1931 Bentley 4.5 Litre Supercharged Tourer by Vanden Plas
Chassis Number : MS3926 Horsepower : 182 Displacement : 4-cylinder, 4.5 L Wheelbase : 130"
The history of great racing Bentleys is well known. From 1927 to 1930, they were unbeatable in endurance racing, having won Le Mans successfully during those four years with first, a 3 liter, then a 4.5 liter, and finally, the speed 6 in 1929 and 1930. In an effort to get even more horsepower from the great four cylinder 4.5 liter car, supercharging was suggested, already used successfully by Bugatti, Alfa Romeo and others. There is an oft repeated story that W. O. Bentley himself opposed this method of getting additional power. He favored increasing engine size. The story goes that it was Sir Henry Birkin, sponsored by the Honorable Dorothy Paget, to whom Mr. Bentley finally relented and made the 50 obligatory cars for sale to the public, as well as five special racing type cars.
The supercharger operates on Roots principles, with two synchronized twin lobe rotors. The boost given was 10 PSI from 25 miles an hour in top gear and does not exceed 11 PSI at the highest engine speeds. With this engine and a light single seater body, the car established the Brooklands Outer Circuit Record at 137.9 miles per hour. These cars were impressive in their power and speed, but were yare and therefore unsuccessful racing cars. Even in local British Racing Drivers Club competition, they usually retired in the 500 mile race with one noteworthy second place finish in 1930. Because a supercharged Bentley traveled the fastest on the Brooklands banked circuit the “Blower” will forever represent a British symbol of powerful motoring, It’s pyknic image in Rexene-clothed, cycle-fender, bells-and-whistled armor, with the ponderous blower menacing aft is a symbol of the manly British bolide.
This car was ordered by T. G. Moore and it was registered in 1931, donned in a Vanden Plas built a special aluminum tourer body. Specified on the original build sheet are the design features that are still on the car. The doors were to come down to the frame rails, not the half doors so commonly seen on Vanden Plas bodies. The running boards were to be in line with the center of the wheel hubs. The body was to be fully valanced, which means the front fenders extended all the way down to the side of the body and, in addition, the frame rails were louver covered from front fender to rear fender. The body was to be painted Le Mans green (whatever that was) with the matching upholstery and a dark walnut dashboard.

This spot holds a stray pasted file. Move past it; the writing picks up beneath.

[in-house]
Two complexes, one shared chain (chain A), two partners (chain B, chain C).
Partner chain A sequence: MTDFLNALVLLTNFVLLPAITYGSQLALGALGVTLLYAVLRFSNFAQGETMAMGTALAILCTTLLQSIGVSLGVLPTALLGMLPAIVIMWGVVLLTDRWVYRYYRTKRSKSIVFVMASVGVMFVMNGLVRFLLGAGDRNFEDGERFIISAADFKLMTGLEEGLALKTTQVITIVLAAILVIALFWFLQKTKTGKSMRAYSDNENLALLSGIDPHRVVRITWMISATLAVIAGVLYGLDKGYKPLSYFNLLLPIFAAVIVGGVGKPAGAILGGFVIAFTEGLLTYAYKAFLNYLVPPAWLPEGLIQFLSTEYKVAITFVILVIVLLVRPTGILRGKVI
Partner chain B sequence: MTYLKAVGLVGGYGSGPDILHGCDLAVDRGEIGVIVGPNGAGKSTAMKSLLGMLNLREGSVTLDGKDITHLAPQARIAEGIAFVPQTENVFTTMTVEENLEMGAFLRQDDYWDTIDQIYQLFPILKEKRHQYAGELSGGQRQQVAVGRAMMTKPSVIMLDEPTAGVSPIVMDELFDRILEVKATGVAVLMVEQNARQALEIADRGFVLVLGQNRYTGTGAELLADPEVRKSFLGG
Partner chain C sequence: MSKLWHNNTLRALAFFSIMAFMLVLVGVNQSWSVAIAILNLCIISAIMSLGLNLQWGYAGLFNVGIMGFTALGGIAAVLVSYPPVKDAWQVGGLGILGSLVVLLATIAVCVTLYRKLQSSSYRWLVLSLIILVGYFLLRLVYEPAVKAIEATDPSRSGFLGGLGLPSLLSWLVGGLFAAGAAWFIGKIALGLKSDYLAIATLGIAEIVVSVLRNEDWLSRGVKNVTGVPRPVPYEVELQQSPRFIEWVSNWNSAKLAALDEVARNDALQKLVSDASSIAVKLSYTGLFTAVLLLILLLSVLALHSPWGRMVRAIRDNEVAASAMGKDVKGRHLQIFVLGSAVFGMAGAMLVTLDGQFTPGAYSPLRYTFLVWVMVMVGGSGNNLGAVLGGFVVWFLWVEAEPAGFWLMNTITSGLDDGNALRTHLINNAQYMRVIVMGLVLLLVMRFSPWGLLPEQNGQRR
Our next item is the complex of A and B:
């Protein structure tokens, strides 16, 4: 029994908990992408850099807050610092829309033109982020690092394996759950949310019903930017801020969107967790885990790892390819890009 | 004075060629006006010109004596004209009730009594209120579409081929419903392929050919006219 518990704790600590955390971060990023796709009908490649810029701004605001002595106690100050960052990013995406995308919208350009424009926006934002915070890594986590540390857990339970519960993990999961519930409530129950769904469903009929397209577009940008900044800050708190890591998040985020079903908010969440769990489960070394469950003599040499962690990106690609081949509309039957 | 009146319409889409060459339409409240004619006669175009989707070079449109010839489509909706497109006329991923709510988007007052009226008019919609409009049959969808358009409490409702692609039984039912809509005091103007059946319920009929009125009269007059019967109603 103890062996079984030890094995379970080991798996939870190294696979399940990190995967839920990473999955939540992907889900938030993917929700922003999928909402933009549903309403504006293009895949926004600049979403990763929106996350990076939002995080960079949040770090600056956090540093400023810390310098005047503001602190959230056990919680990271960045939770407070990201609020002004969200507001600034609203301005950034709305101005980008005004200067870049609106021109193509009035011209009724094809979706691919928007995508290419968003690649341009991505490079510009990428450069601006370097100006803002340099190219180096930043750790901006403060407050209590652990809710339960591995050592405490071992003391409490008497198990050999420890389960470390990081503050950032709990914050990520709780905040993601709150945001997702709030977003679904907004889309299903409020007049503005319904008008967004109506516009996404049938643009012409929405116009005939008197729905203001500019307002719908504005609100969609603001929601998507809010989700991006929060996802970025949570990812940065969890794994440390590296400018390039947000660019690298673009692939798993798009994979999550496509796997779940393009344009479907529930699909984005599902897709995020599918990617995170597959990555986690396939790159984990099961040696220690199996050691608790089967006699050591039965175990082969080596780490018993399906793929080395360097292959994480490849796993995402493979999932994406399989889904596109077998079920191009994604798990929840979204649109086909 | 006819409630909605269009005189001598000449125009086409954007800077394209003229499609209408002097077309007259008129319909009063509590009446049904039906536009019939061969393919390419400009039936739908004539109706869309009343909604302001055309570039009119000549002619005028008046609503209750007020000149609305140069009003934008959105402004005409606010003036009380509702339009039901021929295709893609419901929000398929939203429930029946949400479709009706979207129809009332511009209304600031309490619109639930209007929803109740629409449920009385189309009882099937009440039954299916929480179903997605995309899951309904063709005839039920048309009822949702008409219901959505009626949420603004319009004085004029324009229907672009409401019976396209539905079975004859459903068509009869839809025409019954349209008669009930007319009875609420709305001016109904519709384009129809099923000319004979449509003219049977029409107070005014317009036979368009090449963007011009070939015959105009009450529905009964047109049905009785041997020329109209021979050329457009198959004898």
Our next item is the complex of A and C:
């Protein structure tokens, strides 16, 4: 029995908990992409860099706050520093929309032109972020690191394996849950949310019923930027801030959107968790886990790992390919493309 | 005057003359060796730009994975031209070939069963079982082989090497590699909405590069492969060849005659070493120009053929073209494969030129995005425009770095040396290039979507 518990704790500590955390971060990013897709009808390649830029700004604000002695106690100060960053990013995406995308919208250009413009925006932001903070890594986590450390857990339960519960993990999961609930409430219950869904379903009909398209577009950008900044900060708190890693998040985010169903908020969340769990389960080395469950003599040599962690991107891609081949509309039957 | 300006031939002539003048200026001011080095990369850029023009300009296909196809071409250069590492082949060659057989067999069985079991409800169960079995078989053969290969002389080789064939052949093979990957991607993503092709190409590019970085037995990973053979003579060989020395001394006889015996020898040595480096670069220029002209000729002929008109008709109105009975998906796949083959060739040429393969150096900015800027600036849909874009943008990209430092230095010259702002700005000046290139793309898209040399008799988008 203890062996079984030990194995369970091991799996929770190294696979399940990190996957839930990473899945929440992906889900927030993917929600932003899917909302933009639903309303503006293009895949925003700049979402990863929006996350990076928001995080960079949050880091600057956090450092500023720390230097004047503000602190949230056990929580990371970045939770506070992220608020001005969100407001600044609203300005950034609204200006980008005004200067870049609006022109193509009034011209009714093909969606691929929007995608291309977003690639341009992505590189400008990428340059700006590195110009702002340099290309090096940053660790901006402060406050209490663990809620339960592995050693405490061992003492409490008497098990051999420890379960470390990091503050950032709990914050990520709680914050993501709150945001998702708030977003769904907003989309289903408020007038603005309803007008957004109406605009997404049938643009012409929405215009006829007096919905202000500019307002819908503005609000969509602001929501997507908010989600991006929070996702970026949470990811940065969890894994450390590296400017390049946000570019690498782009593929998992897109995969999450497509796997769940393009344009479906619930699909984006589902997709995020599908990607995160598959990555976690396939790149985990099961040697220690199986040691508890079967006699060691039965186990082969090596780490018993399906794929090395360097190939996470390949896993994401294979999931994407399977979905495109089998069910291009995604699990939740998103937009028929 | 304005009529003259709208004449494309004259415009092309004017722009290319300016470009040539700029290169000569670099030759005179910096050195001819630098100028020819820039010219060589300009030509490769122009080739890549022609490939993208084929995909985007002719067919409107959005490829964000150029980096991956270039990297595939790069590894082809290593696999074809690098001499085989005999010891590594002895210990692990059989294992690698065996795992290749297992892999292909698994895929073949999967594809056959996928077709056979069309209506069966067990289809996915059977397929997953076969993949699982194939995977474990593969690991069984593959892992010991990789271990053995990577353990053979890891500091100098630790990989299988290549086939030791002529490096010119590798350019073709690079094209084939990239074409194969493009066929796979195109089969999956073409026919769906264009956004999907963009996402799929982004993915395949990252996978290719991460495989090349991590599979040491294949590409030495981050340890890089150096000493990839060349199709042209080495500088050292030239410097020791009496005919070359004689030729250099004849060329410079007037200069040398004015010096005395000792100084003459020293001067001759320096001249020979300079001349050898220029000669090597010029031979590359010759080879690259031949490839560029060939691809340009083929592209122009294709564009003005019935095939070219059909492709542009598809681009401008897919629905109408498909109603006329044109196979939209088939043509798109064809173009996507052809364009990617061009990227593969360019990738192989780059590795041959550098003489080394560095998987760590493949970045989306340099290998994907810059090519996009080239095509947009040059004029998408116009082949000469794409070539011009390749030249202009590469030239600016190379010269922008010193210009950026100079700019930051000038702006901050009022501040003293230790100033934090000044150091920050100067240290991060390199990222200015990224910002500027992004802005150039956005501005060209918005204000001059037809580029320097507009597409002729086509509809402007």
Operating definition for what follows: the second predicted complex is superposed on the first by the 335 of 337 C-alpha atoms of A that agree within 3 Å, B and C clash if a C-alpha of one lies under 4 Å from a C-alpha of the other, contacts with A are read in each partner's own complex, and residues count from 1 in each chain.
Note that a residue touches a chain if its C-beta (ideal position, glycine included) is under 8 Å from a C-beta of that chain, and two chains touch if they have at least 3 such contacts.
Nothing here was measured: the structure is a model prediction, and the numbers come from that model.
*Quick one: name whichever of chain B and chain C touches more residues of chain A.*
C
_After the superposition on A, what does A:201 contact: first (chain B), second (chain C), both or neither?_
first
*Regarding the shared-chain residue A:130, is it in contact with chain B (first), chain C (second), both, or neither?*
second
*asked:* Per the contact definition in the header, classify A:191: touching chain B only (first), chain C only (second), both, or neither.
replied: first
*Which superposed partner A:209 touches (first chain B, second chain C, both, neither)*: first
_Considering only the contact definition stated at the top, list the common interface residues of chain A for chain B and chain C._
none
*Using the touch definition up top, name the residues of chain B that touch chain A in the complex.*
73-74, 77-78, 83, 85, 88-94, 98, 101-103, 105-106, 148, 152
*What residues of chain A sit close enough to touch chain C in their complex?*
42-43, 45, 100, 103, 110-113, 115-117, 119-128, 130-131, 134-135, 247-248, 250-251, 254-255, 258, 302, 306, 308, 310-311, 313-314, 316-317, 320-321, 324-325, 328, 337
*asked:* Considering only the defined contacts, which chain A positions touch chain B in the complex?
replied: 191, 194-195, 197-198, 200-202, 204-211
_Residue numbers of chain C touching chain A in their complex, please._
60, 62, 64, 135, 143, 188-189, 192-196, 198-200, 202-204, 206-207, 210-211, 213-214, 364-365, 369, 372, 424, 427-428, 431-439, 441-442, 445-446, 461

T.G. Moore, who just acquired Motorsport Magazine as its publisher, must have been very proud of his new car. It is likely that he took it to a variety of events, but the most notable one was outlined in page 383 of the Motorsport Magazine of April, 1931. He won the timed trial of the Isle of Man with a speed of 62.33 miles an hour. This was significantly better than the competitors. Exactly how the trial was conducted in this particular case was unknown. Sometimes, there was a flying start over a specified distance, whereas at other times the timing started from a dead stop. In any event, this proud showing was probably repeated because, ultimately, it was re-registered in the Isle of Man while still under Moore’s ownership.
Subsequently, it went through several hands and it was discovered after the war in Aylesbury by U.S. serviceman Robert K. Carter who shipped it to the USA via an armed forces vessel. Mr. Carter had every intention of restoring the car, but as time went on, it became obvious that this was not happening.
We were looking for that nearly extinct beast, a blower with its original body; the majority of the survivors were now re-invented as boy racers. We bought her from Mr. Carter in 1981 and started and started a restoration. The car was in remarkably preserved condition though did not have top bows, (nor does it have them now). Other than that, nothing was seriously missing. The rear end had been cut back a bit, but this was easily restored. Beyond this, all external metal was original. There were no missing instruments. The original engine and the D-type gearbox were intact and really did not require much internal fettling although they were refreshed. The sump had to have repairs simply because oil had been laying in it for decades and this ate through the metal in some spots.
The mechanical work was done by Jim McHenry of the Ball and Ball Shop in West Chester, Pennsylvania. Jim and I had an excellent working relationship and he understood exactly what had to be done. He did a superb job on the engine and transmission. The work on the rear of the body was easily finished and then she was sent to Fred Hoch of Schaeffer & Long for paint. David George, functioning in his usual versatile way, managed to do a superb upholstery job exactly according to Bentley standard.
Today, she runs very well but she is no gem in the handling department. The heavy front end resists crankling in contrast to the litheness of the 3-liter. But the sight and sound of the always exposed blower prods the effort.